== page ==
Abandoned, derelict sites are simultaneously awe-inspiring and intimidating. Vermont-based, Irish-born artist Sarah O Donnell taps on these ambivalent feelings in her latest light installation, A Visible Night, which transforms the top floor of the Moran Plant on Burlington’s waterfront into a shimmering spectrum of colours. Named after J.E. Moran, one of the mayors of Burlington, the Moran Plant was a 30-megawatt power plant that was constructed in the 1940s on the city’s waterfront to halt power shortages. After a long and turbulent history involving pollution, it was finally shut down for good in 1986. 

O Donnell’s body of work has always centred on the use of mysterious buildings to explore isolation and the tension between photography and the moving image – this installation only furthers her interest in a spectacular new way. She has installed coloured silks across the windows on the top floor of the plant, drawing comparisons between these billowing textiles and stained glass windows, which were used historically to depict Biblical anecdotes during a time of widespread illiteracy. The natural light that is filtered through the silk sheets allow dancing streams of light into the building, instantly bringing a touch of radiance into an environment that is usually dark and stale. As the building is not safe for visitors, O Donnell has created a video feed from the plant to the Roth Gallery at the Burlington City Arts premises.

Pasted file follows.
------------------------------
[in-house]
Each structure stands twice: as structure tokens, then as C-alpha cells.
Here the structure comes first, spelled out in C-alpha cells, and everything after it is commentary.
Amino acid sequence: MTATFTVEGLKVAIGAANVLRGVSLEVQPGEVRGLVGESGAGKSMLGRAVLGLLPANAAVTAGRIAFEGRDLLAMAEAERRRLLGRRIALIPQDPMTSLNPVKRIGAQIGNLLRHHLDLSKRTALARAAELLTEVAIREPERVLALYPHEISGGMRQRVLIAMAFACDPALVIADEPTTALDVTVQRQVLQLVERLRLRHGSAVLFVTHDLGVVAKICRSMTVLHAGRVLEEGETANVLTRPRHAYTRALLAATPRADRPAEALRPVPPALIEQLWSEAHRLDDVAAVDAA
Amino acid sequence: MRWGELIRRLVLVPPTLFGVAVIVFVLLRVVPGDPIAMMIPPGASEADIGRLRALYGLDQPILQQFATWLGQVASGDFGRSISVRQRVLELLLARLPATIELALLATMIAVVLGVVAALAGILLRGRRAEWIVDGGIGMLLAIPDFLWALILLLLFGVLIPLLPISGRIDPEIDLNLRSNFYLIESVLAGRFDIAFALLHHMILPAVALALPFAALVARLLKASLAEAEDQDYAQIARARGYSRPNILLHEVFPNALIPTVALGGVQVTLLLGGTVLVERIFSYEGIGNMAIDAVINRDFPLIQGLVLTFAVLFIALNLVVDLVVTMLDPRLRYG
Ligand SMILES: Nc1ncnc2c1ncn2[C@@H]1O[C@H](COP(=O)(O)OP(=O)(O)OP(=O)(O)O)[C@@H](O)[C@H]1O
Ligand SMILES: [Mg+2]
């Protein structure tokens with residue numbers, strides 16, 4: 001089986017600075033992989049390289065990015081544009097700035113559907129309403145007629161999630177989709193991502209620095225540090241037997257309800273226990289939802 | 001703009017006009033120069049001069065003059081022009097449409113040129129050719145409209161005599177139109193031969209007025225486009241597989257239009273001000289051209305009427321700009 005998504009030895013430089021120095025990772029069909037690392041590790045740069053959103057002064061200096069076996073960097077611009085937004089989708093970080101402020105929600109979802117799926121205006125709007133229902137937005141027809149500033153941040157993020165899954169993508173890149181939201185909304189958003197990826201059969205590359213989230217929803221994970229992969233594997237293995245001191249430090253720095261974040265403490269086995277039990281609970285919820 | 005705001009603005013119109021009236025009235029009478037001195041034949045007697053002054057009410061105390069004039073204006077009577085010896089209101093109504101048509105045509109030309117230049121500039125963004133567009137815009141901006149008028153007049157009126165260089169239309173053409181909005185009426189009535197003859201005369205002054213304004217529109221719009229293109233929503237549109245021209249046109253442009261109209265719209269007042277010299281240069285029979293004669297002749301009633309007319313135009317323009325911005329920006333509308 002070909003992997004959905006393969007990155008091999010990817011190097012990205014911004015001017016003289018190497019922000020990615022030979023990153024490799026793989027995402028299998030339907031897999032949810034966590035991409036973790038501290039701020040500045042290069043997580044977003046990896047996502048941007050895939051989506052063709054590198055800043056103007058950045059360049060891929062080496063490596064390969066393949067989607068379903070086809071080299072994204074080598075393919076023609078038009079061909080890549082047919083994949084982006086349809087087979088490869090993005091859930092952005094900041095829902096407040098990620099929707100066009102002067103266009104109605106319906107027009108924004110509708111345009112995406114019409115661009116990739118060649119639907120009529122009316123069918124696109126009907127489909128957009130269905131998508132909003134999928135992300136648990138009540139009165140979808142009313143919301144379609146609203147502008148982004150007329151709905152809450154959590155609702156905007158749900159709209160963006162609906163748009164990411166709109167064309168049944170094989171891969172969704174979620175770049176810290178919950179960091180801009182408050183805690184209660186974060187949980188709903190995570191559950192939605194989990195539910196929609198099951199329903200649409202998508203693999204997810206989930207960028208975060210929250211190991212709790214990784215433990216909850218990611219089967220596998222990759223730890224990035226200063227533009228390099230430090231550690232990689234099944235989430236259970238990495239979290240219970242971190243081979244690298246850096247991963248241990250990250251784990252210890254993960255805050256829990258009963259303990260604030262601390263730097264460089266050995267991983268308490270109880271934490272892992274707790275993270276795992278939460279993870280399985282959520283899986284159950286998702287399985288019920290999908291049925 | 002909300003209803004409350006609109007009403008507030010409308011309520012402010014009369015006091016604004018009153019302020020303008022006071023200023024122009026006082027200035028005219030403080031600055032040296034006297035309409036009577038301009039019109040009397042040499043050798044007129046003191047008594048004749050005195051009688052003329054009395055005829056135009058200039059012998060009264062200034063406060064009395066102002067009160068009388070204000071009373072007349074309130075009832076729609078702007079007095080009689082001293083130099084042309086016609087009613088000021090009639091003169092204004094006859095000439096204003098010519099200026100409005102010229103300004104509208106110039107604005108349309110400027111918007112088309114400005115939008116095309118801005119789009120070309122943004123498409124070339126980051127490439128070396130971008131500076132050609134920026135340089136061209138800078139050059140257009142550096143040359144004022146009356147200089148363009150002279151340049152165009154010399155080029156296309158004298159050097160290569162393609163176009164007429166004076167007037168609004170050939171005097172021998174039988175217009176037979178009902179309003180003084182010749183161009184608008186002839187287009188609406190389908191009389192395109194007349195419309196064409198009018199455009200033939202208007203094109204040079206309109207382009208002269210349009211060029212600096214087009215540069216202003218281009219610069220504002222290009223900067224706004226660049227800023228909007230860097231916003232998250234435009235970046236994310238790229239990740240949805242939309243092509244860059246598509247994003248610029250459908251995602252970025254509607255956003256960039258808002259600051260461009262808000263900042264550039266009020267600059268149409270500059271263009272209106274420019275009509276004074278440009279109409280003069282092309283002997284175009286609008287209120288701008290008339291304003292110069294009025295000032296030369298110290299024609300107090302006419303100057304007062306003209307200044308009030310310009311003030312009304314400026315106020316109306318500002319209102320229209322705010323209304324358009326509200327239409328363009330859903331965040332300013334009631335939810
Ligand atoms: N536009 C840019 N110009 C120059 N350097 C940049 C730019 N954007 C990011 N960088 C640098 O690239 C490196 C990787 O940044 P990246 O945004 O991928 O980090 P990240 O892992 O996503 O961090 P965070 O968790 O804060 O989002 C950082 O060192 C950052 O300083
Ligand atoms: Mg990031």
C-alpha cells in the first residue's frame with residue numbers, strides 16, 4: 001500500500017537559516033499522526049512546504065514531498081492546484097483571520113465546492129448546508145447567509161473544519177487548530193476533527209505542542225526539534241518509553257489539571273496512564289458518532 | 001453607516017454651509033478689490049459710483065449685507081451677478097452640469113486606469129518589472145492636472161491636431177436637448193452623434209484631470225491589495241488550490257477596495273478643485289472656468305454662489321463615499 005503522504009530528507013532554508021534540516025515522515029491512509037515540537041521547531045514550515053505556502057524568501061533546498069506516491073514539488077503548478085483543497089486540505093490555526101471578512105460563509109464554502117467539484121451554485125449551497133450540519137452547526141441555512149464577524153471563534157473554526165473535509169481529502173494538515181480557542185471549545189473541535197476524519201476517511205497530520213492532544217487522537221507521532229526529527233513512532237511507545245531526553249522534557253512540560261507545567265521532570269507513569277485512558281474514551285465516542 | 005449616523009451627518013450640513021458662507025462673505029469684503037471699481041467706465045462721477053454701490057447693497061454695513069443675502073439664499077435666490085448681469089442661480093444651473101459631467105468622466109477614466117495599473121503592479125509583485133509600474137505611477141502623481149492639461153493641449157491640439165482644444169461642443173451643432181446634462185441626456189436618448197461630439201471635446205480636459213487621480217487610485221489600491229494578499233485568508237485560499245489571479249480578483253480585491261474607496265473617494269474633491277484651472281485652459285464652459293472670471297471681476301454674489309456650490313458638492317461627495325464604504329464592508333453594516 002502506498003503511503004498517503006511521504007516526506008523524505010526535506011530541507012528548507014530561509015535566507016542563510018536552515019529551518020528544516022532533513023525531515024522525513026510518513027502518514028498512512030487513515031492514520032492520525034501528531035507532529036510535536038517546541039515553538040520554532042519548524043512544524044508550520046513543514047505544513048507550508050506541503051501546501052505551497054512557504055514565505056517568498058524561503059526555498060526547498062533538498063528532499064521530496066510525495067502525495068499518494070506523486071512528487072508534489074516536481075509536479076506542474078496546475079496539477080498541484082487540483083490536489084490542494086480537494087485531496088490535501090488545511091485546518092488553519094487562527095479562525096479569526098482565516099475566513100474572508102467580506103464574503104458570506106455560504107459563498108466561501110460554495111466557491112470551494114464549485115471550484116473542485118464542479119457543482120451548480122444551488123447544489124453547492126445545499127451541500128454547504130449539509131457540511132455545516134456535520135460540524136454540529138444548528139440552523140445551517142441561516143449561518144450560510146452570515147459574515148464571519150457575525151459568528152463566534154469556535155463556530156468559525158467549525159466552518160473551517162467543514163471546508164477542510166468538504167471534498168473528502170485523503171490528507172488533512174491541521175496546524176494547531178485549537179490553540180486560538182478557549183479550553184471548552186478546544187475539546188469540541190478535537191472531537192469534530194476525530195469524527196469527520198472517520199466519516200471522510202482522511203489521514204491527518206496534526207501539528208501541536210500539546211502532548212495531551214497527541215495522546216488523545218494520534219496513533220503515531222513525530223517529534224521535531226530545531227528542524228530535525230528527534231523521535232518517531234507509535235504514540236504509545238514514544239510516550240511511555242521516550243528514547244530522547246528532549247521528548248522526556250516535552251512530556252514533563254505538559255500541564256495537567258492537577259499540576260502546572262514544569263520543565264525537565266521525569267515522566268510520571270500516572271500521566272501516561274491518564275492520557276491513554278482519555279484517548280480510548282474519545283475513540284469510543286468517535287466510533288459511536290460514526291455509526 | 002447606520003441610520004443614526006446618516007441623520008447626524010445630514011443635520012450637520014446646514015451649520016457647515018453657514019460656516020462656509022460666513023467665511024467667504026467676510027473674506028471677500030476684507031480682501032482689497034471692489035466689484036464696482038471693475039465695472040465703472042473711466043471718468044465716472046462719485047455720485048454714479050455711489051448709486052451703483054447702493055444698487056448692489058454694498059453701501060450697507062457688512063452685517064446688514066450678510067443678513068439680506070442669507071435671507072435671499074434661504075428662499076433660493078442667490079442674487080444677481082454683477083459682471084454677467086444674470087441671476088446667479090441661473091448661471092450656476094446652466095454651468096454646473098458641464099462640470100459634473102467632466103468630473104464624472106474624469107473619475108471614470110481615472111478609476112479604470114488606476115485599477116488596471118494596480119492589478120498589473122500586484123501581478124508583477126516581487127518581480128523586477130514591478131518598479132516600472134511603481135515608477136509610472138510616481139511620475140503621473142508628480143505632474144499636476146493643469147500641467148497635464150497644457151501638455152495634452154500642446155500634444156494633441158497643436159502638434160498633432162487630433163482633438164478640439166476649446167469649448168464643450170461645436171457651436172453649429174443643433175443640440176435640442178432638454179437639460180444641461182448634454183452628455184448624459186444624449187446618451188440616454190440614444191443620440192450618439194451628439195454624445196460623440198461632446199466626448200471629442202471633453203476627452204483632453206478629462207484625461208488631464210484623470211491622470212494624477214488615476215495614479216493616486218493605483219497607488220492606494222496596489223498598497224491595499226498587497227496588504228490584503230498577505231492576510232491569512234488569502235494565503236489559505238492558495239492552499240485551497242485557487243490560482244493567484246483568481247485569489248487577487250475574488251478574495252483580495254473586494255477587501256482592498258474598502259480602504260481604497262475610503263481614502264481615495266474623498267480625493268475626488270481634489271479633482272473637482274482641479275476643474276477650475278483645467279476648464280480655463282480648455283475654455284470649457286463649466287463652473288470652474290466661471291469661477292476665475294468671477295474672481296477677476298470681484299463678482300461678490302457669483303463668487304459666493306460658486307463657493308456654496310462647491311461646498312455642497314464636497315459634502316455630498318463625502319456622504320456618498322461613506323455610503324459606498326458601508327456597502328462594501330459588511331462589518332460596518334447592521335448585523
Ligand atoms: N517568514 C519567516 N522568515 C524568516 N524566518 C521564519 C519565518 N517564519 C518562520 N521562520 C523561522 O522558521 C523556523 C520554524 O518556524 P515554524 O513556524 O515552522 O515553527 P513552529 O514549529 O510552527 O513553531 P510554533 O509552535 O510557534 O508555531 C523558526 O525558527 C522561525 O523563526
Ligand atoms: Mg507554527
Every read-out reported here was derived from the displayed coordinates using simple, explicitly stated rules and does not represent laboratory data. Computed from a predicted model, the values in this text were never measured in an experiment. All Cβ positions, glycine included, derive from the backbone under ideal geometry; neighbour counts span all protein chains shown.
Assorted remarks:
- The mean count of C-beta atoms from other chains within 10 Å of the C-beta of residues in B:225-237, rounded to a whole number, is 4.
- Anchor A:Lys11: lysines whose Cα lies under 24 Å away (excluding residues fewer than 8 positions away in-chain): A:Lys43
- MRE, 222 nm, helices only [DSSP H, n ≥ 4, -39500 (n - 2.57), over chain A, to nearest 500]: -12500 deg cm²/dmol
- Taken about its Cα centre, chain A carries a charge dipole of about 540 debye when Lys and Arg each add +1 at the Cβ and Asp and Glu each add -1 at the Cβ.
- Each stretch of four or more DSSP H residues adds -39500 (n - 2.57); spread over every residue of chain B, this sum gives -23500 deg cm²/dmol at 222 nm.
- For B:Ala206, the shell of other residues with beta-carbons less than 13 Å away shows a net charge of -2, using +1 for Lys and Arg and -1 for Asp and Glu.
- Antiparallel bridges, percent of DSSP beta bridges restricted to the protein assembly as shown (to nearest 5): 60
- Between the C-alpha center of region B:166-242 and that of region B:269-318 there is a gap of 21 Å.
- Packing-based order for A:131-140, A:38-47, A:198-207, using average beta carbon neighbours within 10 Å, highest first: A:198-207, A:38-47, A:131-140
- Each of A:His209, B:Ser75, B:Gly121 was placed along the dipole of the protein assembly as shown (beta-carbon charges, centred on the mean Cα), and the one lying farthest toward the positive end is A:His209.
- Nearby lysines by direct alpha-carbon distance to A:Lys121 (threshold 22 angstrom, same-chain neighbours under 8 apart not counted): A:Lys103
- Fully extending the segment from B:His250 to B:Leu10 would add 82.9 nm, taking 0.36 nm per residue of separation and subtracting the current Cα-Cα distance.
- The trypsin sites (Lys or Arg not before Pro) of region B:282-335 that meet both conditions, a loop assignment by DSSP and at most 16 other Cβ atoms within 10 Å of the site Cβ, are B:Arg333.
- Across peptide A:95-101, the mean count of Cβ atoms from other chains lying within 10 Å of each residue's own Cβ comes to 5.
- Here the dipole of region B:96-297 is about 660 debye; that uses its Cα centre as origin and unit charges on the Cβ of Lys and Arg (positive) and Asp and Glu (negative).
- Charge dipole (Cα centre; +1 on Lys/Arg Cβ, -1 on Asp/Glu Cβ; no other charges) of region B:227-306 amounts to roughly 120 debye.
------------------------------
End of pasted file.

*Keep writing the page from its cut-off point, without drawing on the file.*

A Visible Light is on until 21 September. 

Burlington City Arts, 135 Church Street, Burlington, Vermont 05401 

Images courtesy of the artist.